To introduce more ethical and sustainable methods of farming, Australia has started to implement a plan to have all cage eggs eradicated by 2036. In August 2022, an Australian Animal Welfare Standards and Guidelines was released by the federal government to the public, sparking a controversial conversation between pro-cage chicken breeders and animal welfare organisations.
Cage hens, otherwise known as ‘battery hens’, present a moral and ethical dilemma. Forty percent of Australia’s eggs come from caged hens, meaning the prohibition of cages will lead to a significant change in the egg market and the price of eggs will increase drastically after 2036.
While moving away from battery cages will help make stronger and healthier chickens, there are many advantages for chicken breeders and farmers to use cages, causing outrage among those in the egg industry. Cage eggs are allegedly more environmentally friendly in comparison to free range, having an overall lower carbon footprint – which makes it a more ‘sustainable’ method of maintaining the abundant number of eggs being produced. Keeping hens in cages also acts as a form of ‘quarantine’ in which they are less prone to catching or spreading diseases to other hens, allowing healthier hens which can create more eggs than their roaming companions
Although battery cages have kept the egg industry up and running for years, they evidently have negative side effects on the hens. The Australian Eggs organisation has spoken out about the harmful ramifications of keeping hens in battery cages, including lack of socialisation with other chickens, and the inability to move much in restrictive cages lead to the development of weaker bones. Being trapped in cages, hens also cannot perform tasks that free range chickens would naturally be able to do such as nesting or dustbathing. Although the prices of eggs will rise and the overall production rate of eggs will lower, imprisoning chickens in cages is regarded as animal cruelty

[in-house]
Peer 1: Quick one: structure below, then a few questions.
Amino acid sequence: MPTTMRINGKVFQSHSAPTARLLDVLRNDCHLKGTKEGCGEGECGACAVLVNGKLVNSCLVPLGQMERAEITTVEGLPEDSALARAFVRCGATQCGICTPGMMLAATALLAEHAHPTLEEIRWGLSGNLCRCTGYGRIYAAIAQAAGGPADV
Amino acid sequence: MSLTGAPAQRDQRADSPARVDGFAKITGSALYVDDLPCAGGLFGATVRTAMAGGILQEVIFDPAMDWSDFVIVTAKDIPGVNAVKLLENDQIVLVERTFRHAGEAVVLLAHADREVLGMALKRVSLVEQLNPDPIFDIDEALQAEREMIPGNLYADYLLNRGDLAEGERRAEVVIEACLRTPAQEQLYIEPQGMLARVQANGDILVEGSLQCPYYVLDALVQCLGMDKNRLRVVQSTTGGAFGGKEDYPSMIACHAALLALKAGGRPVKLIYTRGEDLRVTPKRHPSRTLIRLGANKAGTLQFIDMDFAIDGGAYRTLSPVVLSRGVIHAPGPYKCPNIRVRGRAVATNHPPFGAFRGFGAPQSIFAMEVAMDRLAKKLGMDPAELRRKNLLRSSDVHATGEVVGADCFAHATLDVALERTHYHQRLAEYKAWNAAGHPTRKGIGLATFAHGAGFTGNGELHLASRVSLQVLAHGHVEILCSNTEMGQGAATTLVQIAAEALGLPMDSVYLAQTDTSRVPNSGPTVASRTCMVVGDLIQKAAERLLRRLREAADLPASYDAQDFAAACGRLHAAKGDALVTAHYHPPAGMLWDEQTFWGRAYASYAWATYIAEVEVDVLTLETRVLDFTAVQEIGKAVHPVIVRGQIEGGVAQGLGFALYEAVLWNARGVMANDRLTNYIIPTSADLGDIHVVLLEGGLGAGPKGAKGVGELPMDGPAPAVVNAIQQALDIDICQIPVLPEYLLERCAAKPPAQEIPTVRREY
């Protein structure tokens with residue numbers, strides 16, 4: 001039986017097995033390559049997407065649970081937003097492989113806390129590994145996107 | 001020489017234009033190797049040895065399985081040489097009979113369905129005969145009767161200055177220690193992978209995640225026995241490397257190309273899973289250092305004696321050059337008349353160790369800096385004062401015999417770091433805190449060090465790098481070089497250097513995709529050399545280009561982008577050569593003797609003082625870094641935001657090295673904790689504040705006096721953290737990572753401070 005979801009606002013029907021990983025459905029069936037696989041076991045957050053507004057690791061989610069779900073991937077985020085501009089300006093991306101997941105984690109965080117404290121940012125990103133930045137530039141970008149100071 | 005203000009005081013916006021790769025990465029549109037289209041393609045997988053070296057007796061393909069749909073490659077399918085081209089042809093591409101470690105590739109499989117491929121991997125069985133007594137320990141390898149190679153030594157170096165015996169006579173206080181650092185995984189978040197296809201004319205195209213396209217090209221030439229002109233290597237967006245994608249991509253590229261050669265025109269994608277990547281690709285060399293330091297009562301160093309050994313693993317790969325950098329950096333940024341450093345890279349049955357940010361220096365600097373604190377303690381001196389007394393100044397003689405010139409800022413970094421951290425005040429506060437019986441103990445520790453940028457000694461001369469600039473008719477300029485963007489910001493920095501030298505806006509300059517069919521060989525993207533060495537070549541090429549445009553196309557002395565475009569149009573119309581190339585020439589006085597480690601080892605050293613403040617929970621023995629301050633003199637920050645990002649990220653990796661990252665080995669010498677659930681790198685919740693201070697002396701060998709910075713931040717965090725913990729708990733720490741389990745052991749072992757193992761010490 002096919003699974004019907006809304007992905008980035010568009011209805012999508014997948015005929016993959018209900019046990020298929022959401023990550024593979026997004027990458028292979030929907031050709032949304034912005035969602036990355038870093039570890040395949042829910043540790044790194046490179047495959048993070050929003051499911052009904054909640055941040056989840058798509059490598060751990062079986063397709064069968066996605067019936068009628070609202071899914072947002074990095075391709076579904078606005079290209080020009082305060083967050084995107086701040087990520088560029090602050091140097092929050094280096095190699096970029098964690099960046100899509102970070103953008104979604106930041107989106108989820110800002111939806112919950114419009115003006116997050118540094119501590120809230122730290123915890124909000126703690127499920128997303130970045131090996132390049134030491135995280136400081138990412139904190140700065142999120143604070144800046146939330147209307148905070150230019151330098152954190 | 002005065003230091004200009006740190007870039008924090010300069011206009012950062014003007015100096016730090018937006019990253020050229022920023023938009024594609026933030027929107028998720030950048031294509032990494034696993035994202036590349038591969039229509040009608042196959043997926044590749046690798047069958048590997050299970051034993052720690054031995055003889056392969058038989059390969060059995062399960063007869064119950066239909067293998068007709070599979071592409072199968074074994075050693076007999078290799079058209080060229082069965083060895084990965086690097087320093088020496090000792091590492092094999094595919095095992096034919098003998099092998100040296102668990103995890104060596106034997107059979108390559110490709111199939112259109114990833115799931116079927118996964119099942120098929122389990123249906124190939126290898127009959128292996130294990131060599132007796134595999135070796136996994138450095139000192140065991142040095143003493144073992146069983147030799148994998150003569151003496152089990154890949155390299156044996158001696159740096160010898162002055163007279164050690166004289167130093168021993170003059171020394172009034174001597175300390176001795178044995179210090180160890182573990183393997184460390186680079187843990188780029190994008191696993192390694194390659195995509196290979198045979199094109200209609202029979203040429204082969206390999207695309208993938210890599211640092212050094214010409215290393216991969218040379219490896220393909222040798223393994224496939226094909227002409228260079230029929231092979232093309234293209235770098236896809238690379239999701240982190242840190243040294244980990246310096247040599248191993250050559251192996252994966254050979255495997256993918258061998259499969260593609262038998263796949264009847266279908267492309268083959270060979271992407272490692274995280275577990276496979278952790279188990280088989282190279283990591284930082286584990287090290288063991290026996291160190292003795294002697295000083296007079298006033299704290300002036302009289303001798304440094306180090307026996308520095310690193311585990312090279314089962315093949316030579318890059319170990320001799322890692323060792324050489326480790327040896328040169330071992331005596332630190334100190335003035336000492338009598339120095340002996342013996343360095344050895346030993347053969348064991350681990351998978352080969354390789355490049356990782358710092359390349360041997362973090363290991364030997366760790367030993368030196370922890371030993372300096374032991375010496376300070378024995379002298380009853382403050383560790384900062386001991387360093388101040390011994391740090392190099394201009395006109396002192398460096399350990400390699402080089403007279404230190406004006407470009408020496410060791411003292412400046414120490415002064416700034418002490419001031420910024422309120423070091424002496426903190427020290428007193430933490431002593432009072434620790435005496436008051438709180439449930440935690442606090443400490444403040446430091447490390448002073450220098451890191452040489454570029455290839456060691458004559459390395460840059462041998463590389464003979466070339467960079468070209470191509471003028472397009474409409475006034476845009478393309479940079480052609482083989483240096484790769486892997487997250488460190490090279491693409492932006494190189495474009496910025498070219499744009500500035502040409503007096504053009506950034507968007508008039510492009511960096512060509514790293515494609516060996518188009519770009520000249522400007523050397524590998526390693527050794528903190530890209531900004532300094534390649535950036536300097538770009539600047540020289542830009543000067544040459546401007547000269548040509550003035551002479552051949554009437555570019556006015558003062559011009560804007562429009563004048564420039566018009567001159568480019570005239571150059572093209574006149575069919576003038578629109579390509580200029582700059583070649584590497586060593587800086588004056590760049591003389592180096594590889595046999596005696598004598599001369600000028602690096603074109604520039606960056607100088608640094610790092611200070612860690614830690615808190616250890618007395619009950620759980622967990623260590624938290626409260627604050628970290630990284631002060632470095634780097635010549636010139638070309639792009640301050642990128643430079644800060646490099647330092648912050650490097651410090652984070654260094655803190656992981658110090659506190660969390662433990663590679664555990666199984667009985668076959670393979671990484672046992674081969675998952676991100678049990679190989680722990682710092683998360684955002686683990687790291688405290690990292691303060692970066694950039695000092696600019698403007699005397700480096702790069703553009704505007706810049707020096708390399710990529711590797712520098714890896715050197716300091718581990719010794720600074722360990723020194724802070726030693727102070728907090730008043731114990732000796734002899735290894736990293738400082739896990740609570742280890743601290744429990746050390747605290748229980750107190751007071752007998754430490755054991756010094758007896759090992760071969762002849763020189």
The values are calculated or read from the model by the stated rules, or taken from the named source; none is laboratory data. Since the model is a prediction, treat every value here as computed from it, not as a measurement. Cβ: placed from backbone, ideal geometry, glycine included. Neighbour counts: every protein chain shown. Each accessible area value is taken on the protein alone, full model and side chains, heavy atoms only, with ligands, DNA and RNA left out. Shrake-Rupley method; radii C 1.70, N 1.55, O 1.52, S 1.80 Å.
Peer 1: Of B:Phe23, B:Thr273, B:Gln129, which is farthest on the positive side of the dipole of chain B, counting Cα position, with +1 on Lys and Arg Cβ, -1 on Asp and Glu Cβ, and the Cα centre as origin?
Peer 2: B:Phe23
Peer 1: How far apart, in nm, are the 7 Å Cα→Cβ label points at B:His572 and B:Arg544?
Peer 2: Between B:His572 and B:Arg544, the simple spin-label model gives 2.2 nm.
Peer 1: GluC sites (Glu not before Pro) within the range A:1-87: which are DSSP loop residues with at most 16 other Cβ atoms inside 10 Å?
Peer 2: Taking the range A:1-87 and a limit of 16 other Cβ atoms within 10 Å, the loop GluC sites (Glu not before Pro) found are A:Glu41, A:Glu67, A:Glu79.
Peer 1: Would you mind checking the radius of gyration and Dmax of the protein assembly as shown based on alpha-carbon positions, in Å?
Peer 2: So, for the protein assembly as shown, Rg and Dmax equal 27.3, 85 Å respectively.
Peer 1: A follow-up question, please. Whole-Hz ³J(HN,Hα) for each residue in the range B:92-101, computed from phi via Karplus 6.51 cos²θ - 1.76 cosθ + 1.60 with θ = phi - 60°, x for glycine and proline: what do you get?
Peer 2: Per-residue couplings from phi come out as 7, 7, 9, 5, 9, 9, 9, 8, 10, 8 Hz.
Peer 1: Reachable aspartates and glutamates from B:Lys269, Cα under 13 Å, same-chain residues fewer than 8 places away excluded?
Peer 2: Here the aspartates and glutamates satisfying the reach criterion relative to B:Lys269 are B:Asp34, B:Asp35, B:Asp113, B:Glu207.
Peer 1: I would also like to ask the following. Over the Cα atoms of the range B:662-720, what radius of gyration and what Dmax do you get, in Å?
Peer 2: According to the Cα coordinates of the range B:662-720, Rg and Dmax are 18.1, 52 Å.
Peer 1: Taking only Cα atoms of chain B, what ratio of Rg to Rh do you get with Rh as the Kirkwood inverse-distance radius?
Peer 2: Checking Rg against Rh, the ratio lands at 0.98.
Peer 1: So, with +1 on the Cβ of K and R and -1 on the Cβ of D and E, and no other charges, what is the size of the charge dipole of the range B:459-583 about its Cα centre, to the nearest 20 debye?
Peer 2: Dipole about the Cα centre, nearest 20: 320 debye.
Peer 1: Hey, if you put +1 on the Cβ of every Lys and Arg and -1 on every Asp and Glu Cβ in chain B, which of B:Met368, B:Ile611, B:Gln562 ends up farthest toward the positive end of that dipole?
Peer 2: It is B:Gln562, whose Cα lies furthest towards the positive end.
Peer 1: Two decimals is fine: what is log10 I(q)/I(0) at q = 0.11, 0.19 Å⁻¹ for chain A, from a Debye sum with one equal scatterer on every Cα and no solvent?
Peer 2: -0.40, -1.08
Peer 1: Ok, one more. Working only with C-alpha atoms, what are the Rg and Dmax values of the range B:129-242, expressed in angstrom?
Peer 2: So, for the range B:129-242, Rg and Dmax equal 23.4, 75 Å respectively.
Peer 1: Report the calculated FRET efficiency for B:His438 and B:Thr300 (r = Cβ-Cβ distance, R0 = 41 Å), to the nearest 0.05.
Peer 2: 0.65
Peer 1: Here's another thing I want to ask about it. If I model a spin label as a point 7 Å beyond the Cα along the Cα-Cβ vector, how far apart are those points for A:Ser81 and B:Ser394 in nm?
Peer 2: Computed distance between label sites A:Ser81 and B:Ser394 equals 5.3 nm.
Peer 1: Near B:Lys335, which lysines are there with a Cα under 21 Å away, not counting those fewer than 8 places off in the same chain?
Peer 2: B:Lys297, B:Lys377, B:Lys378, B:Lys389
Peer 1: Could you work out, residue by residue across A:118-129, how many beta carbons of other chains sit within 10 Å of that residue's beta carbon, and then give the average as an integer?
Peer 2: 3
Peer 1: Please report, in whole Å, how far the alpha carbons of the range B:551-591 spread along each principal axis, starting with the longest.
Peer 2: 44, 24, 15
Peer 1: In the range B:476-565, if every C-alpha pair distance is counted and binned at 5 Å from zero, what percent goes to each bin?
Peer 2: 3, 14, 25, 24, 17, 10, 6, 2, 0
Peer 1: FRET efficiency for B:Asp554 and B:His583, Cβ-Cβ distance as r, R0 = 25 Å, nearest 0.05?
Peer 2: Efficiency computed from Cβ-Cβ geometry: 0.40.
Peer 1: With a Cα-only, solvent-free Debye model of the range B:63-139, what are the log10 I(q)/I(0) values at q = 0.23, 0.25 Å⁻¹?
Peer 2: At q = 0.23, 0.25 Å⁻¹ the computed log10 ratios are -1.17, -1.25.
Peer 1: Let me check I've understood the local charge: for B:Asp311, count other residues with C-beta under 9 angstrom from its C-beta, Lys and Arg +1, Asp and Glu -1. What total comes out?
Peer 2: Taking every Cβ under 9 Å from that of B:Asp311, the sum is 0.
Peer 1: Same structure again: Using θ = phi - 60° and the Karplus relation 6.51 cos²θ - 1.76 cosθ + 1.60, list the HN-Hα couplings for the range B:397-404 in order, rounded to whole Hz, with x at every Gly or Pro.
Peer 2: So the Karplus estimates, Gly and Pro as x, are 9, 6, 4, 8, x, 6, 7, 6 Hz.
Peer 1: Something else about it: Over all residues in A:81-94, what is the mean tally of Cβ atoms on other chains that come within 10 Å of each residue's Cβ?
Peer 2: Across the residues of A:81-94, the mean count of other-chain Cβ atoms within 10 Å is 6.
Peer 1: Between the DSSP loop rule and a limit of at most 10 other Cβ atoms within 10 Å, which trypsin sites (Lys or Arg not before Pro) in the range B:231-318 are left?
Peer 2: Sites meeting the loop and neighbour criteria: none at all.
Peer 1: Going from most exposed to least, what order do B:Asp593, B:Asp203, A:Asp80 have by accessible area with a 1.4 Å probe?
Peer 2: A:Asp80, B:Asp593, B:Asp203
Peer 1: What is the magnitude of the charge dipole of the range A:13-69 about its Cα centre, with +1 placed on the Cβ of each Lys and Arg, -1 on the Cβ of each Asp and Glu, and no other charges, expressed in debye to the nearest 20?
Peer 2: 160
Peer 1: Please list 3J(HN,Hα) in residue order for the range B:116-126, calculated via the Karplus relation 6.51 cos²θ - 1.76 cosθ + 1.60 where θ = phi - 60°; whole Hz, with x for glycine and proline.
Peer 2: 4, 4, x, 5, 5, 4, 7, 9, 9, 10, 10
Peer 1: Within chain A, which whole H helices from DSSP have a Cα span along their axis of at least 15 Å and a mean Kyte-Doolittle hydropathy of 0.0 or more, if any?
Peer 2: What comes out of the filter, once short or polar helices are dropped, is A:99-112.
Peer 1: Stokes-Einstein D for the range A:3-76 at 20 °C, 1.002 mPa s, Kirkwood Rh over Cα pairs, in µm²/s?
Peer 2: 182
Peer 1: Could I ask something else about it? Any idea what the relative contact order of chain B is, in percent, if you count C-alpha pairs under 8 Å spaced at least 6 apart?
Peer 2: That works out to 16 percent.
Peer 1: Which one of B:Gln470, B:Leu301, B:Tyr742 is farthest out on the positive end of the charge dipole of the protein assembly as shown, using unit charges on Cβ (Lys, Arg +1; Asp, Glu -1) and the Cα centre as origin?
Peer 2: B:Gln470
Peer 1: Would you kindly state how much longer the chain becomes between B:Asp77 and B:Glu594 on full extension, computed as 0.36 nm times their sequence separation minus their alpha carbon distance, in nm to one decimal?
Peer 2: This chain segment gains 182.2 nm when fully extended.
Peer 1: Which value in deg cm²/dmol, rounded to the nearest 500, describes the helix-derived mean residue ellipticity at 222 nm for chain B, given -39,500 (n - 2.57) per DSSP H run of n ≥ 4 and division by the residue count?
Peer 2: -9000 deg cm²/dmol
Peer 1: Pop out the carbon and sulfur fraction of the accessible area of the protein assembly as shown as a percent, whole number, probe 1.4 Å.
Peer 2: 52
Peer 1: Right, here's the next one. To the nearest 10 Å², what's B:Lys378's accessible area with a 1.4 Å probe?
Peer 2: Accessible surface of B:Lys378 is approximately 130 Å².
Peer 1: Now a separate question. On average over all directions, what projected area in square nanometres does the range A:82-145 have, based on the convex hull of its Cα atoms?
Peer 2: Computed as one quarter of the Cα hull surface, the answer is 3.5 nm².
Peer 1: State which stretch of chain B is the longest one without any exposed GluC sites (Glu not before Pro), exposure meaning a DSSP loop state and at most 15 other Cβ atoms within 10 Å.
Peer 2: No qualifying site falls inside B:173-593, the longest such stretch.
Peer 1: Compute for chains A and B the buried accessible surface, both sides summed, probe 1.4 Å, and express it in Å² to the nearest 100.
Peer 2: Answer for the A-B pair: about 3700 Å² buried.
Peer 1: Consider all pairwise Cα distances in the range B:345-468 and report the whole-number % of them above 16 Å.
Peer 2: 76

Hatching a plan for abolishment
Australian egg farmers actually want to keep cages in place up until 2046, claiming that they don’t want any rapid changes among the other changes being made within the agricultural industry at the moment like the recent rollout of automated chicken vaccinations . This push to maintain cage egg farming could prove to be detrimental since larger food brands are adopting an ethical and environmentally friendly approach, and are now refusing to use cage eggs.
Keeping cage eggs in place will also be disadvantageous since it’s not only brands refusing to use cage eggs, but also nations such as the United Kingdom who are putting animal-friendly laws into effect — international trade deals are now at risk. The RSPCA has spoken about this issue for a long time and claims that Australia is behind in implementing pro-animal laws, and is well overdue for the abolition of battery cages.
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